What did the Scientists Discover?
Enzymes are Nature's catalysts, essential for carrying out countless life processes including everything from water splitting to DNA synthesis. These attributes make enzymes attractive molecules to study, both for learning new ways to catalyze chemical reactions and also for discovering new targets for pharmaceuticals. These goals, however, require us to know not only what reaction an enzyme catalyzes, but also how it carries out that reaction. One particularly interesting enzyme is a ribonucleotide reductase (RNR) from the human Chlamydia pathogen. This RNR is responsible for producing the building blocks of DNA for the pathogen and is not present in humans, making it an attractive drug target for future treatments. Unfortunately, important details about how this enzyme works are still unknown, a fact which motivated the collaboration between teams at Penn State and CHESS to investigate the mechanism of this RNR.
Because this RNR has two different metal ions in its active site that it uses to carry out its reaction—one manganese and one iron ion—it is amenable to being studied using x-ray spectroscopy. Specifically, a technique called valence-to-core x-ray emission spectroscopy (XES) is particularly well-suited for uncovering important information about the enzyme's structure during turnover, though this method had never before been used to study a pathway of enzyme intermediates. Using a new instrument designed and built at CHESS—the dual array valence emission spectrometer or DAVES—both the manganese and iron ions could be analyzed simultaneously, for the first time allowing these sample-hungry experiments to be conducted. By using this unique “two-color” approach, three different states of the enzyme were studied and new information was gained about how the enzyme becomes activated for turnover.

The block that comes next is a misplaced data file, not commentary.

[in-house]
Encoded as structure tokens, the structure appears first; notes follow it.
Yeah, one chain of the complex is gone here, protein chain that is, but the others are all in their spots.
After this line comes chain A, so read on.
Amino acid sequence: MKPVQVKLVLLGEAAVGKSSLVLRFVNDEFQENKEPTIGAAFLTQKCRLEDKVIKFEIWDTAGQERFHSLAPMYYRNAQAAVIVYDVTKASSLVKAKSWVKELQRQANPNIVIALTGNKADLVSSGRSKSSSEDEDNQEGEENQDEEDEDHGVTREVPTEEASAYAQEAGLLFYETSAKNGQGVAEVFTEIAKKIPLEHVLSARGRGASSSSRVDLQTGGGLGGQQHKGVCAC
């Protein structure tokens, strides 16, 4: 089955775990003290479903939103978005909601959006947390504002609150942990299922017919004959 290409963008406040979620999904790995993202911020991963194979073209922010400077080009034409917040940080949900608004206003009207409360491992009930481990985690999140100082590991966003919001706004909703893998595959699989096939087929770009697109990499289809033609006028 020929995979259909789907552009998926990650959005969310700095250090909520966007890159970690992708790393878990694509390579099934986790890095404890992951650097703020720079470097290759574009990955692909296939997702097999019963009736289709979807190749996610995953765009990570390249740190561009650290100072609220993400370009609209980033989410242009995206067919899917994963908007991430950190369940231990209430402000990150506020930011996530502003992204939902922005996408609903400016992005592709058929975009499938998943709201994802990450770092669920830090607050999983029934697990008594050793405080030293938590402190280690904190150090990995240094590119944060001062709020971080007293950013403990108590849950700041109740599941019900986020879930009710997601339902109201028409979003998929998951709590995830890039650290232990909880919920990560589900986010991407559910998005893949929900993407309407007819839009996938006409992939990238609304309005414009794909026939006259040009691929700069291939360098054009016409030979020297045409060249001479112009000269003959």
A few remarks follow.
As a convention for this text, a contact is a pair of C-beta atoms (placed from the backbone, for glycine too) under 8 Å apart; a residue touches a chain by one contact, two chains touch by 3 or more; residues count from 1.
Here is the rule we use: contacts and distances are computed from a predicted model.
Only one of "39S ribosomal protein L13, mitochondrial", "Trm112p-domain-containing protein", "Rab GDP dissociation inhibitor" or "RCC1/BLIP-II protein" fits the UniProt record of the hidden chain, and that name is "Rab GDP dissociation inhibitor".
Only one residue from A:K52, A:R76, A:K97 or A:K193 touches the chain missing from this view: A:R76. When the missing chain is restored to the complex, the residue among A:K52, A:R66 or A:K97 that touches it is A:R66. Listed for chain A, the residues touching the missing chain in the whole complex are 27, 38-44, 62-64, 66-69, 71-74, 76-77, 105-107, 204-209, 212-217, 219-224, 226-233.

This study not only adds to our understanding of how this particular RNR enzyme works, but also demonstrates two-color valence-to-core x-ray emission spectroscopy as a new and powerful technique for investigating enzymes in general.
Chris Pollock, Ken Finkelstein
Ryan Martinie, Beth Blaesi, Carsten Krebs, Marty Bollinger
Martinie, R.J., Blaesi, E.J., Bollinger Jr., J.M., Krebs, C., Finkelstein, K.D., Pollock, C.J. Two-Color Valence-to-Core X-ray Emission Spectroscopy Tracks Cofactor Protonation State in a Class I Ribonucleotide Reductase., Angewandte Chemie Int. Ed. 2018, 57, 1-6, DOI: doi.org/10.1002/anie.201807366 August 3, 2018
C.J.P. and E.J.B. thank the National Institutes of Health for National Research Service Awards (GM113389‐01 and GM116353‐01). This material is based upon work supported by the National Science Foundation Graduate Research Fellowship Program under grant no. DGE1255832 (R.J.M.) and by the National Institutes of Health (GM55365 to J.M.B. and C.K.). This work is based upon research conducted at the Cornell High Energy Synchrotron Source (CHESS) which is supported by the National Science Foundation under award DMR‐1332208.